Both of these surgeries provided improvements in both extraction and implantation parts of the surgery, implanting individual follicles in much more precise steps to provide perfect hairlines indistinguishable from your natural hair.
In Follicular Unit Transplantation (FUT), a strip of tissue is cut and removed from the donor area before the grafts in this tissue are removed and individually implanted into the recipient area.
In Follicular Unit Extraction (FUE), however, both harvesting and implanting are done on a smaller scale where instead of removing tissue, hair grafts are extracted individually too, resulting in scar-free natural results.
Improved precision and better results in FUE surgeries resulted in the majority of clinics picking FUE as the main hair transplantation technique and developing even more advanced technologies for this method.
Advancements in Hair Transplantation
New methods in hair transplant surgeries are developed using the Follicular Unit Extraction technique.
Even though FUE sounds perfect compared to hair plugs and even FUT, there is still a lot of room to improve in areas of results, procedures, and healing processes. Further improvements to this technique are developed with these three areas in mind.
Direct Hair Implantation
Direct Hair Implantation, also known as DHI, was invented in 1999 by the DHI Medical Group. It improves the FUE technique through an implanter pen that removes the need for making an incision or carefully placing hair inside this incision.
Instead, the DHI pen directly pushes individual follicles directly inside the skin.
These pens make the implantation part of the procedure easier and quicker while giving the surgeon more control. These pens even allow surgeons to control the angle of implantation of the transplanted hair, resulting in the perfect-looking hairline.
During a regular FUE hair transplant surgery, steel blades are used to make incisions in the recipient area.
In recent years, surgeons have started using sapphire-tipped blades instead. These blade tips are much sharper and smoother at the same time, allowing surgeons to make more precise and even smaller incisions that reduce trauma on the scalp, improve the results, and promote faster healing.
Many clinics such as UnitedCare have adopted Sapphire FUE to provide better results for their patients.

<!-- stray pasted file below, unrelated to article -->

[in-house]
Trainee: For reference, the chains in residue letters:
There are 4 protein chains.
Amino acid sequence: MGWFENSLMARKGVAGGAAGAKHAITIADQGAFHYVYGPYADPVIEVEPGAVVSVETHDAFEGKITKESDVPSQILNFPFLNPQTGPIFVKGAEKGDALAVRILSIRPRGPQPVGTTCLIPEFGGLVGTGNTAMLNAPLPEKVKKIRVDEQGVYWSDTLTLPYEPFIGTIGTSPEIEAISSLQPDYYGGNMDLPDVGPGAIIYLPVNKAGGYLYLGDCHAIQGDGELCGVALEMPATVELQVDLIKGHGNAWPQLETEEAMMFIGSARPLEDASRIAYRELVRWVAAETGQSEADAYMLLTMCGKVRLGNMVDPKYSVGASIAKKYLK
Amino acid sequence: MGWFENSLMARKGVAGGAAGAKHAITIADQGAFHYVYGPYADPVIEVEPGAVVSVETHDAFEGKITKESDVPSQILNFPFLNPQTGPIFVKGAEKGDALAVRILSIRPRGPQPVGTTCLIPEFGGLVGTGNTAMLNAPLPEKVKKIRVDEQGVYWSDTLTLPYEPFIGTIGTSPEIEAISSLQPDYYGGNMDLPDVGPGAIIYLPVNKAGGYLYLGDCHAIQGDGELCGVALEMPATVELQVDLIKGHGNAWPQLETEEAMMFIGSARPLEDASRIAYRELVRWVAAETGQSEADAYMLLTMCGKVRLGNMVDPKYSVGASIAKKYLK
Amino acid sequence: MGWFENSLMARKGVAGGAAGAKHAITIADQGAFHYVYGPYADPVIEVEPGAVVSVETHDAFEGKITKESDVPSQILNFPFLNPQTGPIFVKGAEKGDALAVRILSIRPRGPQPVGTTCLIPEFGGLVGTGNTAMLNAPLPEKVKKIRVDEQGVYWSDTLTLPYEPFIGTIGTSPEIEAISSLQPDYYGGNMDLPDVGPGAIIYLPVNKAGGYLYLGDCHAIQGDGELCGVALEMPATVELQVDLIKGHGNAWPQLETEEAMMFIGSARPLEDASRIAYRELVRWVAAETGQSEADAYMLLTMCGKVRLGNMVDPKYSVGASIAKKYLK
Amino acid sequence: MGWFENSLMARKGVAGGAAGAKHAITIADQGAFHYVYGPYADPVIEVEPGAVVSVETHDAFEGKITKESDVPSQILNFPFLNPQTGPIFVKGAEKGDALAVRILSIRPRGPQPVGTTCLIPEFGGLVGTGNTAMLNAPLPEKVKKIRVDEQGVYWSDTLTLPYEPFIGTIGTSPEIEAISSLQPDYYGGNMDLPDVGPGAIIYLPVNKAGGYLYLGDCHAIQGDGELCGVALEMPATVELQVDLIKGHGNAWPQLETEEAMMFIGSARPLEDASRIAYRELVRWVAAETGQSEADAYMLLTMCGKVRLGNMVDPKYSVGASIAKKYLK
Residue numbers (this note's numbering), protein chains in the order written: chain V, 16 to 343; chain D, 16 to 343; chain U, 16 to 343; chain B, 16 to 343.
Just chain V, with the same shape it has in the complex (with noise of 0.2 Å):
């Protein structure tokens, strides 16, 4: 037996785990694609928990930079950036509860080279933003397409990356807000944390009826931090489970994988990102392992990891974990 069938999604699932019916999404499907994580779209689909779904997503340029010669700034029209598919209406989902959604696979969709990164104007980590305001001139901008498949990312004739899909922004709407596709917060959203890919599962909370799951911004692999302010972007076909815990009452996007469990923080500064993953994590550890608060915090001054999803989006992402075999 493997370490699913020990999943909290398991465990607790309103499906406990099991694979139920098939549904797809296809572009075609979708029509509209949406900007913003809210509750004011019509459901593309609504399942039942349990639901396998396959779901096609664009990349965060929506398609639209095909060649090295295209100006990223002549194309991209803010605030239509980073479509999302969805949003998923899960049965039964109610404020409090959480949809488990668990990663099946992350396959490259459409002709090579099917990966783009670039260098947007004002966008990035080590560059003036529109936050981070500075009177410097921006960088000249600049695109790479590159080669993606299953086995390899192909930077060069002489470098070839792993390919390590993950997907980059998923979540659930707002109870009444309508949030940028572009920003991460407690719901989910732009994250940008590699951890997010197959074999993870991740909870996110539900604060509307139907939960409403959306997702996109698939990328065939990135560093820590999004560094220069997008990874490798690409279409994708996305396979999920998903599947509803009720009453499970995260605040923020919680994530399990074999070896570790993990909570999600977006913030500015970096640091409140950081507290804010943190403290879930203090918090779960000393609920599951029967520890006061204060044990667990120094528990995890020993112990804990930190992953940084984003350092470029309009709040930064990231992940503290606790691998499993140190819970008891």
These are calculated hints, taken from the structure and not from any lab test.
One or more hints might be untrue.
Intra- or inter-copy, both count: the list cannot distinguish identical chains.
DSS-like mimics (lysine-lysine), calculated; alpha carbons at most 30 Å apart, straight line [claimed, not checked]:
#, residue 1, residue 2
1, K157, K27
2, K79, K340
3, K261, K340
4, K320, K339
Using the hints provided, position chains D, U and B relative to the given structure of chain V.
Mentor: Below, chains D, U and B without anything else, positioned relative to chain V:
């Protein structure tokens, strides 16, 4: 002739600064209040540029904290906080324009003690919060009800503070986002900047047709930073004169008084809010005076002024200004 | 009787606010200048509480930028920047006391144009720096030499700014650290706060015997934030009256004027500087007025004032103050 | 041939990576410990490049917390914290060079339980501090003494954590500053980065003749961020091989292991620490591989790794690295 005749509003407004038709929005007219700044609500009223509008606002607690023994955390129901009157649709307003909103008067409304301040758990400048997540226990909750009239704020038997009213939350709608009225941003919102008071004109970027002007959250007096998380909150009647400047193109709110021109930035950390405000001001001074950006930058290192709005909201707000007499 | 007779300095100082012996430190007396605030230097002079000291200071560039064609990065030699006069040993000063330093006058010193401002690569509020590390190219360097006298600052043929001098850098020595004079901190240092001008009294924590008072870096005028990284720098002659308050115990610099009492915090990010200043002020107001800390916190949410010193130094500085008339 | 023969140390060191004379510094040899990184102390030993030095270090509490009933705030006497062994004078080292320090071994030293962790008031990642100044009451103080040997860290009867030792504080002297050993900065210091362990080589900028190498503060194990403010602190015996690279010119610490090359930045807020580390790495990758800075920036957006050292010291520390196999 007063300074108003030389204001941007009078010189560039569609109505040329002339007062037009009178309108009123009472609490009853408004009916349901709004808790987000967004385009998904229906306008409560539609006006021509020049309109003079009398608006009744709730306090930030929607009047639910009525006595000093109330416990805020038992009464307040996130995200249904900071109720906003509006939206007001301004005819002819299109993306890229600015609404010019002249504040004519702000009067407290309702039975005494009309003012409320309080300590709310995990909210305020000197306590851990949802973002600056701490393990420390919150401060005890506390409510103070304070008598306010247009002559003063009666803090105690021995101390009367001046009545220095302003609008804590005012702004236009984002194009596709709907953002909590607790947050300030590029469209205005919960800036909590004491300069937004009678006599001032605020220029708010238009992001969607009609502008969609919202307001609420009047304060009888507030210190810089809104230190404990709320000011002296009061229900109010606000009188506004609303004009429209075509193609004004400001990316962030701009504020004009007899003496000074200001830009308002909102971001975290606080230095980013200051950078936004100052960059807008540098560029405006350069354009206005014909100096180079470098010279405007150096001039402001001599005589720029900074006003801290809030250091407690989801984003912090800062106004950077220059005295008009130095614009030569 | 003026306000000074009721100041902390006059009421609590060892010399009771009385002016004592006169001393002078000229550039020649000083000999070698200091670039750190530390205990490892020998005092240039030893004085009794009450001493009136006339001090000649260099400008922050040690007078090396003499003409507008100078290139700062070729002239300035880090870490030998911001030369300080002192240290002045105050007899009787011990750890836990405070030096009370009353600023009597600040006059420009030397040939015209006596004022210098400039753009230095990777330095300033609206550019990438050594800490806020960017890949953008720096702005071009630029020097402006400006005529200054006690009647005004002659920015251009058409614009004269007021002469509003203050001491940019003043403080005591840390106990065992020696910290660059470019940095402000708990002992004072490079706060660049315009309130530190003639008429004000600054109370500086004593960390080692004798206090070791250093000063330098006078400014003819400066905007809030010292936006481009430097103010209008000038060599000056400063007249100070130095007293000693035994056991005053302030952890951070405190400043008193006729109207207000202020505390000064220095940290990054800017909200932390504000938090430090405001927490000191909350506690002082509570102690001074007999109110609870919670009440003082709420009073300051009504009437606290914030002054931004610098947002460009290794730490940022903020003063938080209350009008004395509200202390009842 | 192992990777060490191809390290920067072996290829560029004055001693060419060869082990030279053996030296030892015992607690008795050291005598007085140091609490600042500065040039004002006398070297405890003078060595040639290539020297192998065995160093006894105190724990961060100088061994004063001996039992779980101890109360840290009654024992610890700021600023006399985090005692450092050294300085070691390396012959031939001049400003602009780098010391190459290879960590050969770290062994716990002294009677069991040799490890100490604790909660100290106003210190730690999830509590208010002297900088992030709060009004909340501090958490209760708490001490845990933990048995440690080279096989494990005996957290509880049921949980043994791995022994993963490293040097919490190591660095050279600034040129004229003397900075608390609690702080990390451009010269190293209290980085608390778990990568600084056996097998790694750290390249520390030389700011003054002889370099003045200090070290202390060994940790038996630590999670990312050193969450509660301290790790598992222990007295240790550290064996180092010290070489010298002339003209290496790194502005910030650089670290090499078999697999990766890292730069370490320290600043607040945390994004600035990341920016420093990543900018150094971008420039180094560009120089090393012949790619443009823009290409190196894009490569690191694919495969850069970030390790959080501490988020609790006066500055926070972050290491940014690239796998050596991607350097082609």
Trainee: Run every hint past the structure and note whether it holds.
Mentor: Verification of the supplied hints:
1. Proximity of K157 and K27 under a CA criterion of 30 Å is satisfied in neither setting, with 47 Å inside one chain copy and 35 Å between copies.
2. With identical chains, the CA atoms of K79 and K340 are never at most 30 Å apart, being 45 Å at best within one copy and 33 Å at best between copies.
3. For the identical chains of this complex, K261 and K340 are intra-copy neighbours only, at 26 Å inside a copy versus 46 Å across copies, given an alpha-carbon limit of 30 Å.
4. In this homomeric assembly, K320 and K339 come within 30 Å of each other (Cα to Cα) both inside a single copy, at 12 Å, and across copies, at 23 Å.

Robotic Hair Transplant
Developed by Dr. Bernstein and Dr. Rassman in 2007, the robotic technique using the ARTAS robot is a great step to the next era of hair transplantation.
With the ARTAS system, the need for a surgeon in the extraction part of a hair transplant surgery is eliminated as the system maps out your hair and extracts the needed amount of hair automatically.
Also, with the ARTAS system, medical teams can create a 3D projection of the patient’s scalp and even simulate the results to draw the best hairline.
The implantation part is still done by a surgeon, but since the surgeon is saved from the wear that would be caused by the harvesting, they can focus more on restoring the hairline.
There will definitely be further improvements to ARTAS and new uses of robotics in hair transplantation, reducing operation times and improving hair transplant success rates.
Described as the icing on the cake for successful hair transplant surgeries by Dr. Jerry E. Cooley, bio-enhancements aim to better support hair grafts’ survival.
Recently, more and more hair transplant clinics have started using and supplementing harvested hair grafts with liposomal ATP, ACell, and HypoThermosol.
Using these three together provides much better results as explained in this study and what we’ve achieved over at UnitedCare.
Expertise Meets Top-of-the-Line Equipment and Techniques – why UnitedCare?
Hair plugs became outdated decades ago, and new hair transplant techniques have already replaced them.
Another reason people still think hair plugs are the main hair transplant technique and the results of these surgeries are unnatural and ugly-looking can be the much more improved natural results we’re getting from advanced variations of FUE.
With experienced dermatologist surgeons, top-of-the-line equipment, and attentive care UnitedCare offers you the future of hair transplantation, today.
We’re just a click away: 👇
Restore your natural look with a Dermatologist:
UnitedCare and its expert dermatologist doctors provide you with a holistic approach to FUE surgeries.
Frequently Asked Questions (FAQs)
Do hair plugs actually work?
Yes, hair plugs, also known as hair transplants work according to numerous studies and countless success stories of patients worldwide.
Do hair plugs last forever?
Based on the donor dominance theory of Dr. Norman Orentreich, hair plugs extracted from the back of your scalp are immune to the effects of DHT and AGA. So yes, hair plugs are supposed to last forever.
Do hair plugs hurt?
During a hair plug surgery, aka hair transplant, you will little pain thanks to the local anesthesia that is applied by your surgeon to your scalp. Following the surgery, if you’re getting a FUT transplant, you might feel pain and tightness around the donor area since there is a surgical cut there. If you’re getting an FUE, however, you’re not likely to experience any pain after 2 to 3 weeks after the operation.